Old School Americana & Nostalgia


‘The Devil Wears Prada’: How Meryl Streep Almost Missed Out on Iconic Role

‘The Devil Wears Prada’: How Meryl Streep Almost Missed Out on Iconic Role

Meryl Streep had some naysayers when she was first cast as Miranda Priestly in The Devil Wears Prada, but she got the last laugh when she earned an Oscar nod for her performance in the film.

The film’s producer, Wendy Finerman, opened up about her casting choice while talking on the Hollywood Gold podcast. She explained that for her, Streep was the perfect fit, despite what others were saying.

“People thought we were crazy,” she said. “I had people call me up and say, ‘Are you out of your mind? She’s never been funny a day in her life.’ She has been funny, and they were wrong. But this was clearly a different kind of world for her. I think that that was part of the fun of the unexpected of seeing her amidst in outfits.”

Streep played the hellish, no-nonsense boss of Anne Hathaway’s Andy Sachs. The character, who is the “devil” in The Devil Wears Prada, is over-the-top high maintenance and cruel. Interestingly, the character was loosely based on Vogue editor-in-chief Anna Wintour.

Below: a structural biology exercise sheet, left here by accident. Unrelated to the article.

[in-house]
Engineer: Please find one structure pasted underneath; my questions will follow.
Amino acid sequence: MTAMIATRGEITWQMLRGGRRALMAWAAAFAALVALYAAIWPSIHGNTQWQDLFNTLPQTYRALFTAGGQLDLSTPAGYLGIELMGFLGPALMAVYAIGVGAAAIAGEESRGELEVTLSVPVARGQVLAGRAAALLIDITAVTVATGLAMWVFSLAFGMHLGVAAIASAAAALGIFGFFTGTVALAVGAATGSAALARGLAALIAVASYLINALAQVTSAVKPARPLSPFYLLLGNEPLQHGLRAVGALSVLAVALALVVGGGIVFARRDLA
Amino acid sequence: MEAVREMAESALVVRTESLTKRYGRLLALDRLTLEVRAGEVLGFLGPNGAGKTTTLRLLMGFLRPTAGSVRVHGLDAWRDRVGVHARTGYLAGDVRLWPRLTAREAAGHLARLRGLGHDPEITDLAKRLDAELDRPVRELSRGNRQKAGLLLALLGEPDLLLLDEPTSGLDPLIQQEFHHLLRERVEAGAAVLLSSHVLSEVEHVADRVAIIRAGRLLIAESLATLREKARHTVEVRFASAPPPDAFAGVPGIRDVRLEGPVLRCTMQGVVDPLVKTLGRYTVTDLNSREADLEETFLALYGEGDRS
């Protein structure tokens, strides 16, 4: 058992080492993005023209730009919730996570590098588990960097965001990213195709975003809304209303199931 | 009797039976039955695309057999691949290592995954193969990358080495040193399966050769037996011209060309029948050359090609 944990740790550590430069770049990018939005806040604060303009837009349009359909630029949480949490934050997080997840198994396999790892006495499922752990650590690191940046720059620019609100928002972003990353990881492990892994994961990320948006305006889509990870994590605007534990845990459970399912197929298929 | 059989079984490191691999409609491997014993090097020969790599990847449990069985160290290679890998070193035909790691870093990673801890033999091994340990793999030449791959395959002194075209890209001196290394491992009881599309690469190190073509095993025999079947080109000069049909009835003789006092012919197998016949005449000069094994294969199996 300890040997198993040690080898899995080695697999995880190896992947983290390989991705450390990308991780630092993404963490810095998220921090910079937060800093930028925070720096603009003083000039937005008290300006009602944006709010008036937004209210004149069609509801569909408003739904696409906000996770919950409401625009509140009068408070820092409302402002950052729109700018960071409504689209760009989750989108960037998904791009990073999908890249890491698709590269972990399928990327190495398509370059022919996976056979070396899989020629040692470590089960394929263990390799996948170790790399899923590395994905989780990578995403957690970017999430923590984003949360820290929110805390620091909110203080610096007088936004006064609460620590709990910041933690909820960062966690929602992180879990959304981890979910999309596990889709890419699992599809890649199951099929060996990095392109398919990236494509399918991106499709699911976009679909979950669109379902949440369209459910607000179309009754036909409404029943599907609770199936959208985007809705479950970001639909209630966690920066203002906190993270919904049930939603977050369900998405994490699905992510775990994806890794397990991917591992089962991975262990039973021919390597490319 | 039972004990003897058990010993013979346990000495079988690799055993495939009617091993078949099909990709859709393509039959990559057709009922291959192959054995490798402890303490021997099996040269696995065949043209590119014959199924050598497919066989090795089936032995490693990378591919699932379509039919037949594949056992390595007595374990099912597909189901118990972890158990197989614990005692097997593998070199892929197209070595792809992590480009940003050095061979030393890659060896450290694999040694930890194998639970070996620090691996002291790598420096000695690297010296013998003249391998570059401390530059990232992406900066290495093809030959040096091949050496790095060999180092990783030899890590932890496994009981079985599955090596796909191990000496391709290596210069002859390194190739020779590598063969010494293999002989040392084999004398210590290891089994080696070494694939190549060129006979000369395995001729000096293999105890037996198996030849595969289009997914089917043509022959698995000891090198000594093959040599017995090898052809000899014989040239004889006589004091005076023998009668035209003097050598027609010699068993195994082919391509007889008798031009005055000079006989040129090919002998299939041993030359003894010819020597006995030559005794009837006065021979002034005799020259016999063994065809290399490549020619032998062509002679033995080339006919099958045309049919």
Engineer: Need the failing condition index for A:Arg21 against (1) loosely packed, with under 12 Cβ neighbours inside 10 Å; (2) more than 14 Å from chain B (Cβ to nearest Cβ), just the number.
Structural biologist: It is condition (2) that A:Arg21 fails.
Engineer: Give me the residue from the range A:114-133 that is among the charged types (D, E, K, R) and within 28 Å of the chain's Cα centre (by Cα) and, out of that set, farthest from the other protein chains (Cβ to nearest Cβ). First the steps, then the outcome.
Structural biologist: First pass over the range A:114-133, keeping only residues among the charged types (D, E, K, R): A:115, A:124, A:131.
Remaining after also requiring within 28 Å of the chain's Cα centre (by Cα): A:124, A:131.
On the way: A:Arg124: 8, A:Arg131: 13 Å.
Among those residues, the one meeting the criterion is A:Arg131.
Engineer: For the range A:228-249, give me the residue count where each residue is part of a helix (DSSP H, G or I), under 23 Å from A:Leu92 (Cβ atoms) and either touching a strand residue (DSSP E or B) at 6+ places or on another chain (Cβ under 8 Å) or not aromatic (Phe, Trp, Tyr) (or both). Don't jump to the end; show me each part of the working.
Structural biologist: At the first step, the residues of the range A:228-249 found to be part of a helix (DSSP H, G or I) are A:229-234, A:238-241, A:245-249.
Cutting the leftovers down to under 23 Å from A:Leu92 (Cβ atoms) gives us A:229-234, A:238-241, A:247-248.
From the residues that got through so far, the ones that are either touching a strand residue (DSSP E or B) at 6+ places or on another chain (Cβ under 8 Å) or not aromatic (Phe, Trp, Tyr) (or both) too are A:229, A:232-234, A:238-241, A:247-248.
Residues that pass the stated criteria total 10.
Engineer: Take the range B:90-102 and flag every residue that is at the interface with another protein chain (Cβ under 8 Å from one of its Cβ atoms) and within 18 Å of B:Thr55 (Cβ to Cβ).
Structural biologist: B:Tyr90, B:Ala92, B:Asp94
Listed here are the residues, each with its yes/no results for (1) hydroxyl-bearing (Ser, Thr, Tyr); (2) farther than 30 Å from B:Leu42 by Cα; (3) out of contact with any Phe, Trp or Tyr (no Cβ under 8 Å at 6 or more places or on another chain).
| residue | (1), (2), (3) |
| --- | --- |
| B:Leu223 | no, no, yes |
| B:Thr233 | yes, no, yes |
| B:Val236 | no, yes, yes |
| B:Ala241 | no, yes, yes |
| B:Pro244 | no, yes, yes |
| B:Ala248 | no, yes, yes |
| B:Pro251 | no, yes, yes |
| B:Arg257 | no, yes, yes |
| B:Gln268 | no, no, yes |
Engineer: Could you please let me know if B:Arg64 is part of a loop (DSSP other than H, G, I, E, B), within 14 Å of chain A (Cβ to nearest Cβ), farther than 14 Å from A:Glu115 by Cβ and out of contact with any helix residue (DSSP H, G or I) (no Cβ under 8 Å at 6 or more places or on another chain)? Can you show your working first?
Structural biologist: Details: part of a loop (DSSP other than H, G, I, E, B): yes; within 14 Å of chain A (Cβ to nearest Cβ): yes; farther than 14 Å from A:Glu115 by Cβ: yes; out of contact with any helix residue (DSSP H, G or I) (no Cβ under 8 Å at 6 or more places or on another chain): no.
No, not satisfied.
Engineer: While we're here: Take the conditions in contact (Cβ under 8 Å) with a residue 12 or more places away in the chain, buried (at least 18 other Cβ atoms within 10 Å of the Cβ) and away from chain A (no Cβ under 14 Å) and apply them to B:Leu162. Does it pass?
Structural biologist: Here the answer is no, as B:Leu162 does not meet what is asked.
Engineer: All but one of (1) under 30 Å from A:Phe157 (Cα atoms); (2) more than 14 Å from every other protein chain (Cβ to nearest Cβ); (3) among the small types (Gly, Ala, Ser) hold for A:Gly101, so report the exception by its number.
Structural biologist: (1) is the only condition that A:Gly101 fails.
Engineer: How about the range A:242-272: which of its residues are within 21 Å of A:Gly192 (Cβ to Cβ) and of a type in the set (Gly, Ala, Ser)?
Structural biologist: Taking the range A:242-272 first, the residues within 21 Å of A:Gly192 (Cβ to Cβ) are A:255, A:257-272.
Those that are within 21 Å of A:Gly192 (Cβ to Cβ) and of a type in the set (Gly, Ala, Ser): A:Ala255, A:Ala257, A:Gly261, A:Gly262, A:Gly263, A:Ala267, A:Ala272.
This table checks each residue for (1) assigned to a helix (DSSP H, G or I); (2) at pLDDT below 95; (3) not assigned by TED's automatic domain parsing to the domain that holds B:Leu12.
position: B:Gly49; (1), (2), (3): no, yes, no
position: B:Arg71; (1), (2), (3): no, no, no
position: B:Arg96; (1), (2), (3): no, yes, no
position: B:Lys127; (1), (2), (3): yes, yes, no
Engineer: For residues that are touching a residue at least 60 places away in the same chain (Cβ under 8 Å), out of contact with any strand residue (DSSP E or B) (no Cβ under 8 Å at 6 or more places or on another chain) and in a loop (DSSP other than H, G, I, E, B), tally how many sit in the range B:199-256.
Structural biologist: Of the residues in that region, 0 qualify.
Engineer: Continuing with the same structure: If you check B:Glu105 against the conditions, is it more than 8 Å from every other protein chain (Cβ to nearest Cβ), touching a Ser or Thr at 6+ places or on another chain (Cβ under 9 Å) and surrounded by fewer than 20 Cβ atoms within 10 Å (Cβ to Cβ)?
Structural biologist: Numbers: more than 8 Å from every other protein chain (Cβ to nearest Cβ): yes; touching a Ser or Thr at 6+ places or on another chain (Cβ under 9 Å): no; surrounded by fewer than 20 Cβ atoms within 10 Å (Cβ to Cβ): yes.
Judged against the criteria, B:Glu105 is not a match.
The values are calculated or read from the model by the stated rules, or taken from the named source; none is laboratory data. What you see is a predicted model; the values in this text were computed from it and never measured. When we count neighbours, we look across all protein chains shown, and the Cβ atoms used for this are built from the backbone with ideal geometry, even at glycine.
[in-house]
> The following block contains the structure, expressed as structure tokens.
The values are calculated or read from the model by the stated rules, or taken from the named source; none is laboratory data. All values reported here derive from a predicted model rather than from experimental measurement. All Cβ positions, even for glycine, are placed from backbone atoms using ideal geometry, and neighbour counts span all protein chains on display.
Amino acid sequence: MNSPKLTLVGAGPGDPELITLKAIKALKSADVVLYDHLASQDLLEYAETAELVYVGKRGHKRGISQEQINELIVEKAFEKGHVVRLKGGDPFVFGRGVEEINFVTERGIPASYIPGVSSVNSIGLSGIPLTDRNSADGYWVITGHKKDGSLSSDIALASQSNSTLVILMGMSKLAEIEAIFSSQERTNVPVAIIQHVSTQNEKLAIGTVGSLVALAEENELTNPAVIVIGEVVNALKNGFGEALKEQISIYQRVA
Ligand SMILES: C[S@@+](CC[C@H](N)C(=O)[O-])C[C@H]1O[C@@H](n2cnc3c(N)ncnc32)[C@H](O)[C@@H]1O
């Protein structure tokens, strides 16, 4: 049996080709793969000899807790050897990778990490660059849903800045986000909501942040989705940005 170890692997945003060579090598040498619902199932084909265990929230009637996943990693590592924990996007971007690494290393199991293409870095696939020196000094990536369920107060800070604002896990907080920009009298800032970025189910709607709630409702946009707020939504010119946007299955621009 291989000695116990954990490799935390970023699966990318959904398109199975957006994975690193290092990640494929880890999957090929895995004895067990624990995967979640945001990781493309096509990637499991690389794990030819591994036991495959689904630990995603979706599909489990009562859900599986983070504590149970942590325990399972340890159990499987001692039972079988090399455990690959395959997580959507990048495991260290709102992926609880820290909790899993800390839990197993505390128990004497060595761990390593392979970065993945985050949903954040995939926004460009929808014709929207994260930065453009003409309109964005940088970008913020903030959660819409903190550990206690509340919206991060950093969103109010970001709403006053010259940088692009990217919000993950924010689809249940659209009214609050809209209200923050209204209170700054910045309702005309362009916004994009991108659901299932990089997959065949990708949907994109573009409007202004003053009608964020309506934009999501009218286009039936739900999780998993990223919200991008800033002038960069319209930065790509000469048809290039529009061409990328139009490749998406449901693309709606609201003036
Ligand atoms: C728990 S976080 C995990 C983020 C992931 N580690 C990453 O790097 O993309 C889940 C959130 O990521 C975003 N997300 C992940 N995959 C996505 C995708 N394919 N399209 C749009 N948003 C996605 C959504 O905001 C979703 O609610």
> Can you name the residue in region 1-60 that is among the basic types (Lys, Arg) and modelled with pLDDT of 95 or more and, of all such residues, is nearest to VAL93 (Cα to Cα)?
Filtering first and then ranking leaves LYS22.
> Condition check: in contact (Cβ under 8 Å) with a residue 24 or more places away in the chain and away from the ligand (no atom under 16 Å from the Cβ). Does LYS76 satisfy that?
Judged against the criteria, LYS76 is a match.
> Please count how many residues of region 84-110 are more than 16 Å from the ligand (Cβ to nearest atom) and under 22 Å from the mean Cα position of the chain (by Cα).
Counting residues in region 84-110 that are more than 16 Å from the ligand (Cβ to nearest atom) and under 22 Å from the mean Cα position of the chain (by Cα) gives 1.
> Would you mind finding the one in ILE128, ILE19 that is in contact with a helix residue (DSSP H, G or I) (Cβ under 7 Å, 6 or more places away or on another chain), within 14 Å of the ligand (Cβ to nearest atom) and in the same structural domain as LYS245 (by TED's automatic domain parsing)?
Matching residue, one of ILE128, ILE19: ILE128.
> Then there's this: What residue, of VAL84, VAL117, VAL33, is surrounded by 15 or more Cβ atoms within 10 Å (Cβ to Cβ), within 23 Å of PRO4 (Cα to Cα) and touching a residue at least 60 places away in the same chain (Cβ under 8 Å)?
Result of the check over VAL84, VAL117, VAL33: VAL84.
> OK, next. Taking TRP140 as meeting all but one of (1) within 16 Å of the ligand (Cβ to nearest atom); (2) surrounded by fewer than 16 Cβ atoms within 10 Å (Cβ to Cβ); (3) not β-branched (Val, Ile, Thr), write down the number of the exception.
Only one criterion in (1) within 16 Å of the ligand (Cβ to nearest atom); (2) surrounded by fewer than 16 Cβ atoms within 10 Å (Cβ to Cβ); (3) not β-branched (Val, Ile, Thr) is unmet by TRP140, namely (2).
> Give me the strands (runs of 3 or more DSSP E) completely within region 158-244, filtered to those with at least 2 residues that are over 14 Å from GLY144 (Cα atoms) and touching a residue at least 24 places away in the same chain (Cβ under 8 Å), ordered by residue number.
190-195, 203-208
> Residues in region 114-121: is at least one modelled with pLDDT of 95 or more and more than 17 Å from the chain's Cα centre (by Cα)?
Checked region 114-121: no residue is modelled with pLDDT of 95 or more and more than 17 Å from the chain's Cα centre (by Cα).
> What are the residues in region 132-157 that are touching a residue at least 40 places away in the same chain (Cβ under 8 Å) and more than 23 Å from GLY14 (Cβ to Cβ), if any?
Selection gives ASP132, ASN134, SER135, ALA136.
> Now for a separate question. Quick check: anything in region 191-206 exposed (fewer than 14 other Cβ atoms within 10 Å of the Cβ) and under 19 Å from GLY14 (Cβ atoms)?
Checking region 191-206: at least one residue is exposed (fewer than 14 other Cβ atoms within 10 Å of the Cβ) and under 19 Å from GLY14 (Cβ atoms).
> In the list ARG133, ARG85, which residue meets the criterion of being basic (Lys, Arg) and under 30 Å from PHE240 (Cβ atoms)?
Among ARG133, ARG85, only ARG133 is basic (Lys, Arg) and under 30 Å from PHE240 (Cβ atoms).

Meryl Streep Regretted Starring in ‘The Devil Wears Prada’

Hathaway weighed in on her immediate opinion of Meryl Streep during an installment of Variety’s Actors on Actors. She remembered how effortless Streep was with her dry comedic chops. Hathaway, an Oscar winner herself, felt as though she paled in comparison to her castmate.  

“I remember Meryl coming up with like 18 different lines on the spot, Stanley [Tucci] doing the same…and I was just, like, this kindergartener,” she remembered.

Despite her flawless portrayal and subsequent Oscar nomination, Streep ended up regretting taking the role. She admitted that she had to actually live the character to play the character. If she broke the persona between takes, she would have lost the edge. So, she went through her days being a “miserable” boss lady.

“It was horrible!” she told EW in 2021. “I was [miserable] in my trailer; I could hear them all rocking and laughing; I was so depressed! I said, “Well, it’s the price you pay for being boss!” That’s the last time I ever attempted a Method thing!”